I think schools should teach people enough programming skills that they are able to make medium level Siri Shortcuts.

    Were we to have such a course in schools, I’d like it to include a module on the physical design of computers and their components, formal logic, Boolean algebra in addition to simply programming. Ideally it would be joint between science and mathematics so formal logic and Boolean algebra is first studied in mathematics.

    18 votes
  11. Comment on Should x < $foo < y read from $foo once or twice? Perl debates in ~comp

    ClearlyAlive
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    Obviously once. If I as the user wanted to insist on twice I’d write it twice.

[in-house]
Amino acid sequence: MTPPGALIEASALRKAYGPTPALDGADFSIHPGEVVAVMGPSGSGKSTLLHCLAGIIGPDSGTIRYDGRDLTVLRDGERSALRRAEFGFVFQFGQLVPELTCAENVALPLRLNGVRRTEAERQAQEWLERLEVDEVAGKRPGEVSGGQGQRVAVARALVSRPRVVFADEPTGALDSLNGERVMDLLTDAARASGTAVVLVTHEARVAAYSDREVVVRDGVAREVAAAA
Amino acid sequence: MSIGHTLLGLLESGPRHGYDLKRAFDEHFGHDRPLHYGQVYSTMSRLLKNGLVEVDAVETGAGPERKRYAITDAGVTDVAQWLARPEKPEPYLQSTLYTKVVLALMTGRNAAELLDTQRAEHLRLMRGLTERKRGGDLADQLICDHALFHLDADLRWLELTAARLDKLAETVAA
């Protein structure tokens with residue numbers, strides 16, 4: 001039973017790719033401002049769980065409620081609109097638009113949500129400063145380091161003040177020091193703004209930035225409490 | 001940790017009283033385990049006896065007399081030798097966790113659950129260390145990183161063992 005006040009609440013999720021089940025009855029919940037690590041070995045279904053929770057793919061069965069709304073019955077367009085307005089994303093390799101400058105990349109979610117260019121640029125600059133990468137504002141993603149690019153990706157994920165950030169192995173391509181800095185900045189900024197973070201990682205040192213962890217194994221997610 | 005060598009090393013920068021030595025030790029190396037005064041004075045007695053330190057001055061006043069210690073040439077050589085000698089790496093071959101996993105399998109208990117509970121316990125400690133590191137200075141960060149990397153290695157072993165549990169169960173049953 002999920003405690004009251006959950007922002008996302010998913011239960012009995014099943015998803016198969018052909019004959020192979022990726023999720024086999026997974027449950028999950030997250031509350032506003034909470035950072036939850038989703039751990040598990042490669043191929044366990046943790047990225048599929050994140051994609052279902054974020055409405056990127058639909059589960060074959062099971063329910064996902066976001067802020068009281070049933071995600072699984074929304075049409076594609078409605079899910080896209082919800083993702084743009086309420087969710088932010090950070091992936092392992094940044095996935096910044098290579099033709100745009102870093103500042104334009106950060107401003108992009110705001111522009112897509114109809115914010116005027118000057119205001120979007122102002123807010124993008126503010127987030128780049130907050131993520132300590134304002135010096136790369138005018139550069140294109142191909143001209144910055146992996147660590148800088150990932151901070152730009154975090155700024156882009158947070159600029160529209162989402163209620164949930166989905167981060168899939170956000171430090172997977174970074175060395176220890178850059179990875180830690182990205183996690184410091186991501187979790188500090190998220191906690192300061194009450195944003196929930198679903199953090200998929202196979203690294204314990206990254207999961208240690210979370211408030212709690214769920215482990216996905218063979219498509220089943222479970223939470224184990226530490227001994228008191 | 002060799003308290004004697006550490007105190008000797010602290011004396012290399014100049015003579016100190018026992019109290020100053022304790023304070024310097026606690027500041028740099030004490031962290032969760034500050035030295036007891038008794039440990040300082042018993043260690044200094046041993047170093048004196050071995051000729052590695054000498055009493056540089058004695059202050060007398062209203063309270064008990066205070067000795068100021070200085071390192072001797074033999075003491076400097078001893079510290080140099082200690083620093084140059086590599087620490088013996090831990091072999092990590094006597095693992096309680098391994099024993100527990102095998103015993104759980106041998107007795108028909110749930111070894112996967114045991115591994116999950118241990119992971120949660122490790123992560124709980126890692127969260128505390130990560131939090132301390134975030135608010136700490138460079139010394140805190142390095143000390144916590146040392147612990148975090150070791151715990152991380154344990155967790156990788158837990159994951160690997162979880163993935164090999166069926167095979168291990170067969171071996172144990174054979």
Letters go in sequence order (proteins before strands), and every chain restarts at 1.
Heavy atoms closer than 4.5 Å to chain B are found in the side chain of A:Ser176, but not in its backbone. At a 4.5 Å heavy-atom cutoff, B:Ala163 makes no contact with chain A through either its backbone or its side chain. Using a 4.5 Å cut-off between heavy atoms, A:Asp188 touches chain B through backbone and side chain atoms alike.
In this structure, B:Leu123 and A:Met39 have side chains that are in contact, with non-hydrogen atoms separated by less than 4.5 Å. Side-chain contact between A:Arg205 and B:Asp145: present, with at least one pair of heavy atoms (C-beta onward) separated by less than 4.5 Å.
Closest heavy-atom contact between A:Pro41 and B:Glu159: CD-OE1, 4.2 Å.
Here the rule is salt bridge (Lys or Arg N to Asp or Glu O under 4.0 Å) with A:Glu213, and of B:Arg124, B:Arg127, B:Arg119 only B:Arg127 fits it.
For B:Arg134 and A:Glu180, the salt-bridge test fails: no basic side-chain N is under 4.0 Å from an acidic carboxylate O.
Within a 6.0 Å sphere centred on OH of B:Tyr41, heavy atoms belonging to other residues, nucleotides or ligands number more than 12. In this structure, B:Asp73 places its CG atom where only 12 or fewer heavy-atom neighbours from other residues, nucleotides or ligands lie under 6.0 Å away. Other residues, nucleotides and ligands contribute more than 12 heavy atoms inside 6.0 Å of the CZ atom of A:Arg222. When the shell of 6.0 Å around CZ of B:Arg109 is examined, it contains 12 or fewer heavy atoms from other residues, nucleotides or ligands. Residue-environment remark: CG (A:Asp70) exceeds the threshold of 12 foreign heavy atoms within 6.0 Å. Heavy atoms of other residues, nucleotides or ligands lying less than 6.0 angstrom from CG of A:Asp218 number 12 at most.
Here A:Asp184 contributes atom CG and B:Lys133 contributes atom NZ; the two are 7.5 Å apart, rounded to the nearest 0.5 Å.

Obviously once. If I as the user wanted to insist on twice I’d write it twice.

    1 vote
  12. Comment on Programming Languages that are Both Interpretable and Compilable? in ~comp

    ClearlyAlive
    Link Parent
    Why is SBCL “clumsy”? Is it due to the lack of built in in readline? I think most people use SBCL or another lisp through SLIME or SLY so don’t really need to worry about the lack of readline as...

    Why is SBCL “clumsy”? Is it due to the lack of built in in readline?

    I think most people use SBCL or another lisp through SLIME or SLY so don’t really need to worry about the lack of readline as SLIME offers it.

    1 vote
  13. Comment on What old tech are you holding onto and why? in ~tech

    ClearlyAlive